You are obvious not an Electrical Engineer nor have the latest information of the utility power reserves. I am an EE and I know the reserves of my local utility PREPA (Puerto Rico Electrical Power Authority). All the utilities supply more electrical energy during the day, due to "televisions, computers, air conditioning and swimming pool pumps in homes", plus the air conditioning, illumination, personal computers, data servers, communication servers, escalators, elevators, ovens, stoves, water heaters, gasoline pumps, air pumps, and other electrical systems in business and commercial sites, and especially in shopping centers and malls. At night, the loads drop considerably and there is a huge surplus of power. The generators never stop turning (never "turned off" at night) and run 24 hours a day, seven days a week, and 365 days a year (except for programmed service downtime and occasional failures.

So all the utilities have enough surplus power to charge millions of electric vehicles every night and actually this does good to them because they are able to bill that surplus. so they offer reduced rates using TOS (Time of Service) costs. The most common EV is the Chevy Volt , and it charges up to 3.3kW per hour and up to 4 hours a night. That is less power than one electric stove top cooking a full meal, or one oven roasting a turkey or a ham (measure them and see for yourself). This phrase is not true:"A modest home draws about 3000 watts of energy at most." They draw much more. If you could, try to imagen or estimate all the electrical power consumed during Thanksgiving Day or Christmas Eve, yet all the utilities can handle that. Our PREPA utility wants EVs to charge, even installing free charger stations, so they can give away their surplus. Only Nissan and BMW sell their BEVs here, with more to come.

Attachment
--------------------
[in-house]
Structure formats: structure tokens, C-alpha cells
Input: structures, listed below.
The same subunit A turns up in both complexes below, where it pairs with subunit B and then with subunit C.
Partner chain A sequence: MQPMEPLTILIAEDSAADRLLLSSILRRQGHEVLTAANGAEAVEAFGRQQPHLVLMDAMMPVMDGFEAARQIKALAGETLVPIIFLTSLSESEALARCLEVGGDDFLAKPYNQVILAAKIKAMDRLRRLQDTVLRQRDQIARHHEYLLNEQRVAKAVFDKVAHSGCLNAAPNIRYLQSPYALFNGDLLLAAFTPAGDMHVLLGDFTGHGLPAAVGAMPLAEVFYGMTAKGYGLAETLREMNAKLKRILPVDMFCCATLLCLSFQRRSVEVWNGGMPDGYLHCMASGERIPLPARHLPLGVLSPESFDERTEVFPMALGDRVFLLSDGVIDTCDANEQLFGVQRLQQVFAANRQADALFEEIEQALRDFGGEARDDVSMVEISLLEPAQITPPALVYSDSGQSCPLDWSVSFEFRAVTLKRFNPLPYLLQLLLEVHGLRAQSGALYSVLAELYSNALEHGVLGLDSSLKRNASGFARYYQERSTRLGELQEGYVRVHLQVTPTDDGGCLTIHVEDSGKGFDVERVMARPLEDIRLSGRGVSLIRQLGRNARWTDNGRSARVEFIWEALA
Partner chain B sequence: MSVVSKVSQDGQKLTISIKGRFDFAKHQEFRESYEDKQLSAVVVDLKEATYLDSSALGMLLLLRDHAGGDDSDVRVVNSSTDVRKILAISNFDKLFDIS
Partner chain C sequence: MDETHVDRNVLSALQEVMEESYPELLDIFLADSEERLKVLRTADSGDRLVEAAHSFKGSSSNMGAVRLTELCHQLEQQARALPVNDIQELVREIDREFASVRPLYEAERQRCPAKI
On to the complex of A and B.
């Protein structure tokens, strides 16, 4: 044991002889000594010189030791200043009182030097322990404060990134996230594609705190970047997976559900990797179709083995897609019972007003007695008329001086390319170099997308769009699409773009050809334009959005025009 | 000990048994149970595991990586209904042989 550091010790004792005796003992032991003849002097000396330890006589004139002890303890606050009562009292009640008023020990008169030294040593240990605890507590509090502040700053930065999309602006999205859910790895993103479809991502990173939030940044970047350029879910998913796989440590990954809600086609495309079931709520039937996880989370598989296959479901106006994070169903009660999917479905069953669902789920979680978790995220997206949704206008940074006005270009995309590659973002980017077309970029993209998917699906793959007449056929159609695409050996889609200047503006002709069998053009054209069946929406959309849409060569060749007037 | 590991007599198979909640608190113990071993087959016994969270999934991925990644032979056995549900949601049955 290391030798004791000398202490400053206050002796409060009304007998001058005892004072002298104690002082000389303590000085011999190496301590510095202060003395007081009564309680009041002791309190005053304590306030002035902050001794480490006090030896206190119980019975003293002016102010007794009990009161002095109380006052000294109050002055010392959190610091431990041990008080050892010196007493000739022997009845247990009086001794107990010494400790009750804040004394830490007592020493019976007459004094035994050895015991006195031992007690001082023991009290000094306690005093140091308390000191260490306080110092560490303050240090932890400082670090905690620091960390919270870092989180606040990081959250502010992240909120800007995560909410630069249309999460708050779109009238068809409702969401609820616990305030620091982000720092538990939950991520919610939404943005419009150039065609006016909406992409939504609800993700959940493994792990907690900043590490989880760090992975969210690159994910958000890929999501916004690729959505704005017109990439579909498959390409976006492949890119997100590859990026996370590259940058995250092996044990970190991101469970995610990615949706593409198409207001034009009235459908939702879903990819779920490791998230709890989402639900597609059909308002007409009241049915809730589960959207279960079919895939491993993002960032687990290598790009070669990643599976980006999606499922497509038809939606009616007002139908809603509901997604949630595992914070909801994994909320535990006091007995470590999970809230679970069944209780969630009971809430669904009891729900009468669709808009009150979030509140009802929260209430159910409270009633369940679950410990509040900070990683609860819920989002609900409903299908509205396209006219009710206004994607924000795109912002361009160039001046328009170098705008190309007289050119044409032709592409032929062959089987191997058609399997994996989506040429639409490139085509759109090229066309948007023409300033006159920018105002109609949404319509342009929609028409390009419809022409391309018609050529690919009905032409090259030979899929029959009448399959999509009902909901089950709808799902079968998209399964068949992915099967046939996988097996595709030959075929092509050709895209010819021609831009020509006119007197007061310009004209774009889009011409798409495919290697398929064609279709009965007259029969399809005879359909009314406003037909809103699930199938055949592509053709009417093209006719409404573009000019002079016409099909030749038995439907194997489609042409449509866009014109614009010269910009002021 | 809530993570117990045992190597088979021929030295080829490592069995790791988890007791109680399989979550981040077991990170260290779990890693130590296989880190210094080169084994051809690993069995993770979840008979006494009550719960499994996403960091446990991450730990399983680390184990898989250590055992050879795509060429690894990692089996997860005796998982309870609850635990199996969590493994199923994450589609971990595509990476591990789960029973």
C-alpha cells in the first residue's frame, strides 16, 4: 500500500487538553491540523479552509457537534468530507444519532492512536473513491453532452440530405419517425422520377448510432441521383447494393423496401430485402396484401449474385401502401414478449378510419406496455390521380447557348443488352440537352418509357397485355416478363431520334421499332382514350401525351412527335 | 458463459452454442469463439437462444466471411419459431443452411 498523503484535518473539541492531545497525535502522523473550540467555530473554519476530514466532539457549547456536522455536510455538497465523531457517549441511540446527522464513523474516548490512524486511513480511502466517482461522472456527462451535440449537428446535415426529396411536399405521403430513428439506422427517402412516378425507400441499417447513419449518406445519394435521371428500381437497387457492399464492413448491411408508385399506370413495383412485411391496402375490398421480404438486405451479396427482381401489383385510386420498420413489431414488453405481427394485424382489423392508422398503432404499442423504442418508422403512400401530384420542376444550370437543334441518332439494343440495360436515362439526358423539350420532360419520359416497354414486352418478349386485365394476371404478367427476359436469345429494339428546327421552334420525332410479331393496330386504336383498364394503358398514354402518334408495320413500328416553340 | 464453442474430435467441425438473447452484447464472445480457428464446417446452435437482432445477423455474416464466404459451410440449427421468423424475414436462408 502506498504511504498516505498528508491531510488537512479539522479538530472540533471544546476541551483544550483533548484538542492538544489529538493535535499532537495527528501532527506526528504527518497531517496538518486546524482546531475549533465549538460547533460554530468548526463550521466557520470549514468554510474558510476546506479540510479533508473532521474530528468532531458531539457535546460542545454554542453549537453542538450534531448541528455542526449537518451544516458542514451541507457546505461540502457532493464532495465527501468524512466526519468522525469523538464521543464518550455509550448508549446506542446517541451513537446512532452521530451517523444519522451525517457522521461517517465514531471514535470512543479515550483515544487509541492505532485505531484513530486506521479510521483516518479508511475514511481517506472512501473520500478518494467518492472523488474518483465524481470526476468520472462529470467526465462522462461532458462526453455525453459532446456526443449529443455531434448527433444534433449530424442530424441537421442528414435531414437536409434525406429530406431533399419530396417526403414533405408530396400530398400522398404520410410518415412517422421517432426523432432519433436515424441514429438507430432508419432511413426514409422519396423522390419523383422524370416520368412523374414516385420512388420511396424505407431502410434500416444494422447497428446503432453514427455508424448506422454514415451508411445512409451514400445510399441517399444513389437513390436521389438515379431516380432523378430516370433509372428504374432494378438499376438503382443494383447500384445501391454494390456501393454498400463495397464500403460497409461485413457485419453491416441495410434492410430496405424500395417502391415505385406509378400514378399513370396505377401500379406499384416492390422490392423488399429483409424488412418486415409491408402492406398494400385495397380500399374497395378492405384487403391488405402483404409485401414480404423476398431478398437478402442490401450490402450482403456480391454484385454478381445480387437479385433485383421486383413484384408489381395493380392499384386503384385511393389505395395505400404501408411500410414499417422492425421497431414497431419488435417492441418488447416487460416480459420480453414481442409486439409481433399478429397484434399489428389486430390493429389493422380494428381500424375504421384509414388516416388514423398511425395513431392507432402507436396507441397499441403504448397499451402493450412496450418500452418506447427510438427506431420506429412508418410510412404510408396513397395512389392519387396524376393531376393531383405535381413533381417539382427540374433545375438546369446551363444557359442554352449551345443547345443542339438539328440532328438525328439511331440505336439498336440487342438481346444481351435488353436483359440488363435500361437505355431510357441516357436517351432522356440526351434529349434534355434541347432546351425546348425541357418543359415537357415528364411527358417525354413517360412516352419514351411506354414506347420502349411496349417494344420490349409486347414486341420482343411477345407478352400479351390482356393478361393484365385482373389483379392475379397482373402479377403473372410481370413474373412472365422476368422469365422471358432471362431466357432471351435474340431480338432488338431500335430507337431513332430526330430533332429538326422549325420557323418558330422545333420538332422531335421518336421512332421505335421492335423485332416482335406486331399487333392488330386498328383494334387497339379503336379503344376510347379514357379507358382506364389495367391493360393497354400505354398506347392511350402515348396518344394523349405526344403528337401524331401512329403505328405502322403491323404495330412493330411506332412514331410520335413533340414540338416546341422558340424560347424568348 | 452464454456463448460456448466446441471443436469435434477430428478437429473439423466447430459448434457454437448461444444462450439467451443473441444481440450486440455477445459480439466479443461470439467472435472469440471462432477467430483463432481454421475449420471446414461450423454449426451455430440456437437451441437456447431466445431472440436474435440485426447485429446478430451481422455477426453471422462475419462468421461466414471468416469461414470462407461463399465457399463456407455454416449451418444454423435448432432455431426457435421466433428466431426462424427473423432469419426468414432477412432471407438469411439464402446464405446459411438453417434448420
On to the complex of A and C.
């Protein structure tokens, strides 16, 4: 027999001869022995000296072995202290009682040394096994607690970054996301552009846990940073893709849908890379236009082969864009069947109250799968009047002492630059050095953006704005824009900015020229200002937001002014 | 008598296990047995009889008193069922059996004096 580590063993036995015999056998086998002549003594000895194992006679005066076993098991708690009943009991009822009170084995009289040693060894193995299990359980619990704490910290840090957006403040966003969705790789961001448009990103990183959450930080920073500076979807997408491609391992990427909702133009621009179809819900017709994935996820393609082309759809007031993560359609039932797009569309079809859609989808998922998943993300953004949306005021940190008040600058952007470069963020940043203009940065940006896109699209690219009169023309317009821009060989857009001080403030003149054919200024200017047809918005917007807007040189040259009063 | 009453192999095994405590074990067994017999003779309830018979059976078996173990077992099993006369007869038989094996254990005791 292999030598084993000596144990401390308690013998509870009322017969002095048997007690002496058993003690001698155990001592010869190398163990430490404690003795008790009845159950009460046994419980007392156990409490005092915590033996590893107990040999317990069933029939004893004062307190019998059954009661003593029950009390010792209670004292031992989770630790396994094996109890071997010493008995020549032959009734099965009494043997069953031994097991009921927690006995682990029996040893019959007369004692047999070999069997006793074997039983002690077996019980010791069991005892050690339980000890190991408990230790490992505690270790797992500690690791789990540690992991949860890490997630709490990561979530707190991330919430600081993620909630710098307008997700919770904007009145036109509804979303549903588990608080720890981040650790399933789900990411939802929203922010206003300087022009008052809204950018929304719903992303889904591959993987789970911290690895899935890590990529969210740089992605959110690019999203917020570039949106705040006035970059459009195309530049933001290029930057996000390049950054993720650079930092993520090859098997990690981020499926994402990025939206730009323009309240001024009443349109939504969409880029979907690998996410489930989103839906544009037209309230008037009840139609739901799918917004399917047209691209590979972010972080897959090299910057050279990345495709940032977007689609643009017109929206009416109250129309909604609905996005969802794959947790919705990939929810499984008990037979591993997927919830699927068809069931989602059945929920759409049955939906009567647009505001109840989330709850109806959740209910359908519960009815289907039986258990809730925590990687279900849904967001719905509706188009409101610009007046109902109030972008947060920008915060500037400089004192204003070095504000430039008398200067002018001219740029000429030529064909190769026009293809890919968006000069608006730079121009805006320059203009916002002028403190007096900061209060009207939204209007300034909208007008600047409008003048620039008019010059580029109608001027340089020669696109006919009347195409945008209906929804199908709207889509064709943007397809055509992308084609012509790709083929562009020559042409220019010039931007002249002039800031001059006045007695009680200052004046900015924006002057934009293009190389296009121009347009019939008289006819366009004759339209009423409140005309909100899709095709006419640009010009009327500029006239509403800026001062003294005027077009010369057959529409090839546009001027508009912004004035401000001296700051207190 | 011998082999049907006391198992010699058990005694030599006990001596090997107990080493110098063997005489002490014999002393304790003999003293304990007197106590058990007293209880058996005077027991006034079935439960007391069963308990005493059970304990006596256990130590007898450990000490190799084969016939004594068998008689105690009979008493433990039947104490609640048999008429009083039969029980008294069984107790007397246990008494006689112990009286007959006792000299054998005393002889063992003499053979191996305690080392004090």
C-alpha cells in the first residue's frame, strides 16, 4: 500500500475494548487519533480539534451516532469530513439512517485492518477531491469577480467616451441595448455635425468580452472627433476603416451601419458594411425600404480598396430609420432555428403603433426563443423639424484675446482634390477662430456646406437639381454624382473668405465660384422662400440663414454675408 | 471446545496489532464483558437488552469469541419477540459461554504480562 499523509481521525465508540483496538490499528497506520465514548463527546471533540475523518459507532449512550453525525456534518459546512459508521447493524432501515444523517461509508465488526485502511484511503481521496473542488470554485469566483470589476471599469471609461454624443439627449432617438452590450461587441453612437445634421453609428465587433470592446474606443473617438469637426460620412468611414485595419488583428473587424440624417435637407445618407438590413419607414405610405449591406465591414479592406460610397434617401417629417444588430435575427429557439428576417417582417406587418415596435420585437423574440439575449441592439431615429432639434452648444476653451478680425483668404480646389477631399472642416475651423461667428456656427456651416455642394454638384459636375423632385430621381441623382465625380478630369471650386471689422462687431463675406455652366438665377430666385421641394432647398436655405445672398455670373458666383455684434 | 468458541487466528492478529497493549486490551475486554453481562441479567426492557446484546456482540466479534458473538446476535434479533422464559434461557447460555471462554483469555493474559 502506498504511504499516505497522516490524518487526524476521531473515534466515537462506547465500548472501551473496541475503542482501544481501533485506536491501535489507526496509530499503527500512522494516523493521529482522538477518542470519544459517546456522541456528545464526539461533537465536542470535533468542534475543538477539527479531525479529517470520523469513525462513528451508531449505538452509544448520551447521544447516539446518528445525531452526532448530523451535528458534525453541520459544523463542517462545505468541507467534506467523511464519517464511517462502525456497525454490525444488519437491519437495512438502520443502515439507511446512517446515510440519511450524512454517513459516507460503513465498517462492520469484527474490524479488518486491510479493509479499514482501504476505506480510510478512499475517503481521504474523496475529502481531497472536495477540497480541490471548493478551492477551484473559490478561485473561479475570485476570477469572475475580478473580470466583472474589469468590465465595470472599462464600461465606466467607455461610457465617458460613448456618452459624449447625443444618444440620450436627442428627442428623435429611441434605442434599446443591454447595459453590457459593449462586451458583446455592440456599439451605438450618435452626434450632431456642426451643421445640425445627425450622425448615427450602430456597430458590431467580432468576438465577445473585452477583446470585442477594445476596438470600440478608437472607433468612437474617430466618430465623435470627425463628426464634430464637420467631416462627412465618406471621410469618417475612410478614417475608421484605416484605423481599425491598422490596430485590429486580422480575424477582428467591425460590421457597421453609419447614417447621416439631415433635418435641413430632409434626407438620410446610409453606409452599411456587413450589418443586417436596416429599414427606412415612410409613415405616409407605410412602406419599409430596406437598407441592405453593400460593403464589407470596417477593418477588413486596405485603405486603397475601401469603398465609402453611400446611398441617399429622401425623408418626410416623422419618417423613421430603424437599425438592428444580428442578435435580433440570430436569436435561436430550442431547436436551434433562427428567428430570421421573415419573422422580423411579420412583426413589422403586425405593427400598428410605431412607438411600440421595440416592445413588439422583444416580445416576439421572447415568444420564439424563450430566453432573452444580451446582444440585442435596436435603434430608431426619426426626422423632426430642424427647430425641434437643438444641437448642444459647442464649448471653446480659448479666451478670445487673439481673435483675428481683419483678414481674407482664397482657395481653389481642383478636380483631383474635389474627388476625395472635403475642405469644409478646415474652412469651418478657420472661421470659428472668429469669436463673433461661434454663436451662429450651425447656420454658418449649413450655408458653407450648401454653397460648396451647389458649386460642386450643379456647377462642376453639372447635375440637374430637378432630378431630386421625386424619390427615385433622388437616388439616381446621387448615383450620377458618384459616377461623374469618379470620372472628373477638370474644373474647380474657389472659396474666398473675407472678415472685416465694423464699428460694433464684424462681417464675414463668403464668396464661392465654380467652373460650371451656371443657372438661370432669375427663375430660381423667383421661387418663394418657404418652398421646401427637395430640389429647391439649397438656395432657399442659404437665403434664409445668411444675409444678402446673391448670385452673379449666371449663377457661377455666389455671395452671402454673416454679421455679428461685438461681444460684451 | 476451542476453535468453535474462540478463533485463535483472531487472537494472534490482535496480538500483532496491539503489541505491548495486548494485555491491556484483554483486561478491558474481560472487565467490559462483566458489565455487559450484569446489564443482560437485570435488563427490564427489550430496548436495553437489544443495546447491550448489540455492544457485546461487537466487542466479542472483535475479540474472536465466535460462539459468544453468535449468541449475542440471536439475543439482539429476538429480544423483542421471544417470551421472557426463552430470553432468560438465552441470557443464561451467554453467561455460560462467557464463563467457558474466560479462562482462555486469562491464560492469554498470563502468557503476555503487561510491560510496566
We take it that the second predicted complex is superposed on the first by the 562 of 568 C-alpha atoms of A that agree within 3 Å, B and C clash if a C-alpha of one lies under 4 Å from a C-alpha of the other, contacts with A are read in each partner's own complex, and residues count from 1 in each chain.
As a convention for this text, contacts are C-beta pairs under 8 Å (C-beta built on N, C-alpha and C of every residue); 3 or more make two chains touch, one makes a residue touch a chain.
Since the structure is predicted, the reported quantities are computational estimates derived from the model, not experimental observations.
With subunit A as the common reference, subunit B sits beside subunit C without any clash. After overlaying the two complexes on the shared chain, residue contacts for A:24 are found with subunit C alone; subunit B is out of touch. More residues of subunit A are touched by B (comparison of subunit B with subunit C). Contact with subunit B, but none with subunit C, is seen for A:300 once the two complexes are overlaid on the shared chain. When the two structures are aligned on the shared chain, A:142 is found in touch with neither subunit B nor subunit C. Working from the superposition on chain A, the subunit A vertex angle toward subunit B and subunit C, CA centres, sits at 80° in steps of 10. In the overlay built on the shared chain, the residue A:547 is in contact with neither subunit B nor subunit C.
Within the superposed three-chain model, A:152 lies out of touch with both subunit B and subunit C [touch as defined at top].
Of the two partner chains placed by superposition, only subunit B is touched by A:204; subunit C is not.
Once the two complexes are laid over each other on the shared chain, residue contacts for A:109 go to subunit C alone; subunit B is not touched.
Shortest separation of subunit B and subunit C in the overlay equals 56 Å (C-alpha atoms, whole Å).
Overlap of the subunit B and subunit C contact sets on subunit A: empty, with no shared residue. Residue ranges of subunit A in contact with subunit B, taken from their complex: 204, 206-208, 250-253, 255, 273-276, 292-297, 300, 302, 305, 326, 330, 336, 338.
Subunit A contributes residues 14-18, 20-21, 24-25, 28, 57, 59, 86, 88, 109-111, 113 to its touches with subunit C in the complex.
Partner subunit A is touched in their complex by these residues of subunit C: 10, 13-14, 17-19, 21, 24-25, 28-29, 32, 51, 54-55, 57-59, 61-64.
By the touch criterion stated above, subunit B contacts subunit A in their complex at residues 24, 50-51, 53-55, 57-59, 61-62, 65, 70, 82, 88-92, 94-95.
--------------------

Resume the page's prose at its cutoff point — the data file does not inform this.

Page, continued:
So if you want more information and learn the truth, go and visit your local utility and ask them. Then you will learn who is lying and who is telling the truth about electrical power in the U.S. I cannot say the same for other nations, but some (Japan, France, and Norway as a sample) do accept electrical vehicle as new clients to charge at night
I'm not, and I also didn't write the above...

But is it still capable once we approach ICE and EV parity? Does that become Chirstmas (or worse) everyday...and what does the extra demand do to the cost of supply, its going to scale like hydrocarbons, gasoline pricing model simply overlaid on electricity??
 

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My understanding is that utilities are working on "smart" EV charging solutions that can predict how much power an EV needs, and will be able to give the owner a full charge by a set time overnight by dynamically managing charging across the network. That way, the grid is not overloaded at any one time, but everyone gets the charge they need.
 

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We may end up swapping the price of gas for the price of kwatts at some point. But even if they cost the exact same for the same drive, the electric companies can create electricity from sources other than oil. It'd be less likely one resource shortage could effect the price stability. You could be nuclear powered one day.... rolling clean coal the next.... and maybe even solar or wind powered one day, all while driving the same vehicle.
 

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Yeah. That's the beauty of electric. Power can be made from a variety of sources. Unlike gasoline, which can essentially be made only from oil. Sure, you can make synthetic gasoline from the Fischer-Tropsch process, but it's still not nearly as diverse as the potential sources of electric power.